directory with the input files by executing
the `lesson_dfpt.py`

script.
Then use the `abirun.py`

script to launch the entire calculation with:

```
abirun.py flow_alas_ecut_conv scheduler
```

You will see that all `PhononTasks`

will be executed in parallel on your machine.

Please make sure that AbiPy is properly configured by running abicheck --with flow

If you prefer to skip this part, you may want to jump to the next section, that presents the post-processing of the results. Note that the output files are already available in the repository so it is also possible to try the AbiPy post-processing tools without having to run the flow.

There are several output files located inside the `outdata`

directories:

In [15]:

```
!find flow_alas_ecut_conv/ -name "*_DDB"
```

Remember that our goal is to analyze the convergence of the phonon frequencies at $\Gamma$
as function of `ecut`

.
So we are mainly interested in the DDB files located in the `outdata`

directories
of the `PhononWorks`

(`w0/outdata`

, `w1/outdata`

, `w2/outdata`

).
These are indeed the DDB files with all the information needed to reconstruct the
dynamical matrix at $\Gamma$ and to compute the phonon frequencies (AbiPy calls `mrgddb`

to merge the DDB files when all the perturbations in the `PhononWork`

have been computed).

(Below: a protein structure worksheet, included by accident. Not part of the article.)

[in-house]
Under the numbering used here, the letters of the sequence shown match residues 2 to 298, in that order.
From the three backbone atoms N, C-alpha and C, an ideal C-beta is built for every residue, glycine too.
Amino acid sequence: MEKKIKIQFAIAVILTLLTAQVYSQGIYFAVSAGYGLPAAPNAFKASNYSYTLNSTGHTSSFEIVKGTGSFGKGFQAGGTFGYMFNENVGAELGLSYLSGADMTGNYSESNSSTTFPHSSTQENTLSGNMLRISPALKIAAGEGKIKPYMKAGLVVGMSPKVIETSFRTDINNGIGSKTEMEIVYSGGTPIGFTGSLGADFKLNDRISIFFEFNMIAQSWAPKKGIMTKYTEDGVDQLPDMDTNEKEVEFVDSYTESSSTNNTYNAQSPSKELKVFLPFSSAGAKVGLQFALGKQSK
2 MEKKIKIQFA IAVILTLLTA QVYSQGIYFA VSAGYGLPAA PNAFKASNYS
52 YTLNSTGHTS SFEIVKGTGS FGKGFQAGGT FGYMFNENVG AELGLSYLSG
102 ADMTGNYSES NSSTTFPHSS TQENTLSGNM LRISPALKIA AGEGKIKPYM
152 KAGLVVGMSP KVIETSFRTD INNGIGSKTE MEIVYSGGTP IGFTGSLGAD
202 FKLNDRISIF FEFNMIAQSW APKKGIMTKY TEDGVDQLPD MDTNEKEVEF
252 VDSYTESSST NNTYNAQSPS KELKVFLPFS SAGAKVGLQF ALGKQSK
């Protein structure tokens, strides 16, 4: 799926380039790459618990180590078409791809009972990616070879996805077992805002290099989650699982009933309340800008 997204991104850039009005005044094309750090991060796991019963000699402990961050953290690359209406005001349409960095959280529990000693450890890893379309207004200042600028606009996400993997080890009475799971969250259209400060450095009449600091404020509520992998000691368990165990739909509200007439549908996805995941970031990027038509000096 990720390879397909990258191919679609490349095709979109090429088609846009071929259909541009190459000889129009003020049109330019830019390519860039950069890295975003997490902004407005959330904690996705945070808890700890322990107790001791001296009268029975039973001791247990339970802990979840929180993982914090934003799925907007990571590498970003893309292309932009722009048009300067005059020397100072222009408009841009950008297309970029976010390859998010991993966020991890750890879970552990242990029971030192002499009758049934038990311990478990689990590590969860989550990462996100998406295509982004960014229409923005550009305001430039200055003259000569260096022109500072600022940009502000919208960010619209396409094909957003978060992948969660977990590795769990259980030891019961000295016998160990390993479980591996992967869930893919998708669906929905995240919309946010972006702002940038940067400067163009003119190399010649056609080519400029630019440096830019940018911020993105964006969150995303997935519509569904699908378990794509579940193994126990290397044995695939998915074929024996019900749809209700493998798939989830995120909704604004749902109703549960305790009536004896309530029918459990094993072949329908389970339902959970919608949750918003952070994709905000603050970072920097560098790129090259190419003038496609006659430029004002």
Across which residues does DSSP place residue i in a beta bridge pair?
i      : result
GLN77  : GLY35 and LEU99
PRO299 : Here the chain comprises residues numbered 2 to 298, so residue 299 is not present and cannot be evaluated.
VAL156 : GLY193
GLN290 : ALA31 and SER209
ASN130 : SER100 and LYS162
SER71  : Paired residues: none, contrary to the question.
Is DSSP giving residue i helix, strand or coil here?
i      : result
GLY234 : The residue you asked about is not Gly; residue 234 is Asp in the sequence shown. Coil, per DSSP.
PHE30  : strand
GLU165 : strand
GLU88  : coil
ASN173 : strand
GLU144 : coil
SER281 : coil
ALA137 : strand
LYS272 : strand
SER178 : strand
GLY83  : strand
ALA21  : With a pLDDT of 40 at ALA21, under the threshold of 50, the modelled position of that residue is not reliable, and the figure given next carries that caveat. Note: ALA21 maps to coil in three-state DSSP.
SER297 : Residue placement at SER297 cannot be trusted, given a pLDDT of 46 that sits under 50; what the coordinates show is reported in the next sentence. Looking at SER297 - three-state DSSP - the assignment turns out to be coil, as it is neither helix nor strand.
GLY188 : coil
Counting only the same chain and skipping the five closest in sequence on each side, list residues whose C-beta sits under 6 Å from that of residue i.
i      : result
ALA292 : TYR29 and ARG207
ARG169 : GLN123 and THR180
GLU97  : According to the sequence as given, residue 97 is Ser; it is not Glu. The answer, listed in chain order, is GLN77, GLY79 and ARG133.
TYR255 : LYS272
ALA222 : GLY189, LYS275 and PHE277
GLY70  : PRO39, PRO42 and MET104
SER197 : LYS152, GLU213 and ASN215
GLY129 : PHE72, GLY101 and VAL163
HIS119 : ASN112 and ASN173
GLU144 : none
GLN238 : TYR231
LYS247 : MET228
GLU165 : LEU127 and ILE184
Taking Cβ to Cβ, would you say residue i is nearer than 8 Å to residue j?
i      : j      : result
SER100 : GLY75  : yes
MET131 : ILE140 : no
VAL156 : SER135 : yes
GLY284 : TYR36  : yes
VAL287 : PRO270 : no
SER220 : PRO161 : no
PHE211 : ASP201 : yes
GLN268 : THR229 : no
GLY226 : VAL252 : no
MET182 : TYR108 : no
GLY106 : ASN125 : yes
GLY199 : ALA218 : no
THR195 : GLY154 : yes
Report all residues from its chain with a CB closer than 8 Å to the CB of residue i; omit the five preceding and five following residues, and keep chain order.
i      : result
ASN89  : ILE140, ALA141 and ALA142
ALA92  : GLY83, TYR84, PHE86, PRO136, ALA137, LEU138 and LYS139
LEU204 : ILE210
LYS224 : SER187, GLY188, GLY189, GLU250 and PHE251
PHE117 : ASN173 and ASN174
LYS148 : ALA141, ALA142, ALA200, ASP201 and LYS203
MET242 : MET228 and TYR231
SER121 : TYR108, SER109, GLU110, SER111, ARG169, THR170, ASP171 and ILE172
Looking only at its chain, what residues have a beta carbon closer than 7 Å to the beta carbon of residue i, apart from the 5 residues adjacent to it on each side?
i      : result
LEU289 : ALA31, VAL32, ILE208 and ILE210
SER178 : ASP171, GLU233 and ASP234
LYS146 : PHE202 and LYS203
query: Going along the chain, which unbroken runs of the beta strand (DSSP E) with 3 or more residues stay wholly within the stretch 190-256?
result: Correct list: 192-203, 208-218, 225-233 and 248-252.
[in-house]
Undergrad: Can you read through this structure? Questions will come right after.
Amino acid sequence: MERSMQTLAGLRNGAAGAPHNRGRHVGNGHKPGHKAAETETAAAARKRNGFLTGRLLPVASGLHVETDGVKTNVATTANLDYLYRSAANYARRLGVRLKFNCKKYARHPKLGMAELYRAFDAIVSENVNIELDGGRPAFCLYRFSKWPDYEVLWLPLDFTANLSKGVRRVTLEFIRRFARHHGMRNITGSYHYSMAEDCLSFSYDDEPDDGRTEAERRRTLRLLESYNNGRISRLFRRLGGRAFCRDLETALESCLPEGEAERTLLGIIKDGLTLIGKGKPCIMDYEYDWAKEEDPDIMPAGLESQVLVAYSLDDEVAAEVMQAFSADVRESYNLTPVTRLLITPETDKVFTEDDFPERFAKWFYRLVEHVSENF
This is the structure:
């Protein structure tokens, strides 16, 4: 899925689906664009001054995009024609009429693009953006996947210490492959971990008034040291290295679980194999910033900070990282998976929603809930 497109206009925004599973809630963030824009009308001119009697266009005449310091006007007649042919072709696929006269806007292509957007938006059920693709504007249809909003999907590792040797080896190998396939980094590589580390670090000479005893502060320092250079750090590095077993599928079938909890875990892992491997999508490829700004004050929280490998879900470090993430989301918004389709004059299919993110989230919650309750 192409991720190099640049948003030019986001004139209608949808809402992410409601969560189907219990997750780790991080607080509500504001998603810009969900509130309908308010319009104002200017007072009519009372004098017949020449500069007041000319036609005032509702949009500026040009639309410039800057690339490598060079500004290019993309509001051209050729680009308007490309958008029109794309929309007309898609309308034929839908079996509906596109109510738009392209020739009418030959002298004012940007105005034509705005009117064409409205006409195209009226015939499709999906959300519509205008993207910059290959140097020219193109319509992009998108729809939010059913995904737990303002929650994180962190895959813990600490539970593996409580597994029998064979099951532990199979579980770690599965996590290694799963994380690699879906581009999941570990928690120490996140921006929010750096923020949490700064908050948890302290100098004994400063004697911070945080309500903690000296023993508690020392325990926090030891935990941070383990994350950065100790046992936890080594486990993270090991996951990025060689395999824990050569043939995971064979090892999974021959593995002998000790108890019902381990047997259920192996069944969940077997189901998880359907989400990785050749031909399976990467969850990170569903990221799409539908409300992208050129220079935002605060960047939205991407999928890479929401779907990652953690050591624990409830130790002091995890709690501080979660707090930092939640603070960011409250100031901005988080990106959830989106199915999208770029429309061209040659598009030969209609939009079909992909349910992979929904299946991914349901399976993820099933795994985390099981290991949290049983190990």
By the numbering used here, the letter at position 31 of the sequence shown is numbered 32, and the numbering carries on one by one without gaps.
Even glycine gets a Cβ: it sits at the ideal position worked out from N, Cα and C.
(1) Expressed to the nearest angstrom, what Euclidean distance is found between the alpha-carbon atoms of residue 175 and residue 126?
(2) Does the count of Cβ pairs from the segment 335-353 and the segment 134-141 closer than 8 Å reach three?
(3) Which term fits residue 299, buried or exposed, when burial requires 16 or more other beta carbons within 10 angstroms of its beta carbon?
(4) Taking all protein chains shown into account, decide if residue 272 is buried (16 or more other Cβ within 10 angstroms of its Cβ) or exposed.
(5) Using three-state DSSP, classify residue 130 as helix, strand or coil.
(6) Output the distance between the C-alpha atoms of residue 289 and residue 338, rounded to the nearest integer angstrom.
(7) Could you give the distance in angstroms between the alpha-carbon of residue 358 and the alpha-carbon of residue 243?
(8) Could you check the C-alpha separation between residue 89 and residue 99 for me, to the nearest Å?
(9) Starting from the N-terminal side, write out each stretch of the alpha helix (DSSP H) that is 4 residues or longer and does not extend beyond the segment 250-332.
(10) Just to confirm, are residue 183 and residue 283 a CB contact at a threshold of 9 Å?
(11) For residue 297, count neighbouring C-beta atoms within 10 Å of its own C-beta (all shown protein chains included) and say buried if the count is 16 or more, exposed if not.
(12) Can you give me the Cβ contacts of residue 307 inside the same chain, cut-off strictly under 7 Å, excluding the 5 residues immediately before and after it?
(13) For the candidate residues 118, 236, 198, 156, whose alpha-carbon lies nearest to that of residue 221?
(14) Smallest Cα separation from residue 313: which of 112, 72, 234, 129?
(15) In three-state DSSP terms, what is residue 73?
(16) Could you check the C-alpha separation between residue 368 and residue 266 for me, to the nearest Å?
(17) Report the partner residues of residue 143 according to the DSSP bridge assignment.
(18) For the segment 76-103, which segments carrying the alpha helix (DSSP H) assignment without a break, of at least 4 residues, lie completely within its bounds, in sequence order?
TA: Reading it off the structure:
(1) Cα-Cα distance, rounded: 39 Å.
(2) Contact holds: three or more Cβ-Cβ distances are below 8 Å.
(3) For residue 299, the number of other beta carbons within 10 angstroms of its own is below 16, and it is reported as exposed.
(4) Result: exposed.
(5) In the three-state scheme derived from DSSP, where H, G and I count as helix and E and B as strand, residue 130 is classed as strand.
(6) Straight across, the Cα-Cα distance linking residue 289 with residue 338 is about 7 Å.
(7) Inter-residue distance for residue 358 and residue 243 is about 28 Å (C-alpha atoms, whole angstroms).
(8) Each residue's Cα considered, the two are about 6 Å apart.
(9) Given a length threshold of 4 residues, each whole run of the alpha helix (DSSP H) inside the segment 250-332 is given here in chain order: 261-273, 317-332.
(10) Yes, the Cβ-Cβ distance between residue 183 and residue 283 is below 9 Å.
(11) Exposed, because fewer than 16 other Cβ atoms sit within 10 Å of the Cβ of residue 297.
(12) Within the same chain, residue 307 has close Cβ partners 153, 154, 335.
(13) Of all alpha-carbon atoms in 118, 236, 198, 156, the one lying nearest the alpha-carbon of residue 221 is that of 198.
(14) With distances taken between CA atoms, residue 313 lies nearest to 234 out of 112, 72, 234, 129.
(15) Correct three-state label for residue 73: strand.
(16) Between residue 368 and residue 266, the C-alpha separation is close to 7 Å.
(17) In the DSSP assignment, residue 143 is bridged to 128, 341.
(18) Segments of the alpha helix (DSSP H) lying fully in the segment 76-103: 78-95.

The code below tells our robot that we would like to analyze all the DDB files located in the output directories of the works:

In [16]:

```
robot = abilab.DdbRobot.from_dir_glob("./flow_alas_ecut_conv/w*/outdata/")
robot
```

Out[16]:

For more examples on the use of DDB and robots, see the
DDB notebook.
Now we ask the robot to call `anaddb`

to compute the phonon frequencies at $\Gamma$ for all DDBs
and return a pandas `DataFrame`

:

In [17]:

```
data_gamma = robot.get_dataframe_at_qpoint((0, 0, 0))
```

The `DataFrame`

is a dict-like object whose keys are the name of the colums in the table

In [18]:

```
print(data_gamma.keys())
```

where `mode-i`

is the frequency in eV of the i-th phonon mode.

We are mainly interested in the convergence of the phonon frequencies versus `ecut`

so we filter these columns with:

In [19]:

```
data_gamma = data_gamma[["ecut"] + [k for k in data_gamma if k.startswith("mode")]]
data_gamma
```

Out[19]:

and we get some statistics about our data with:

In [20]:

```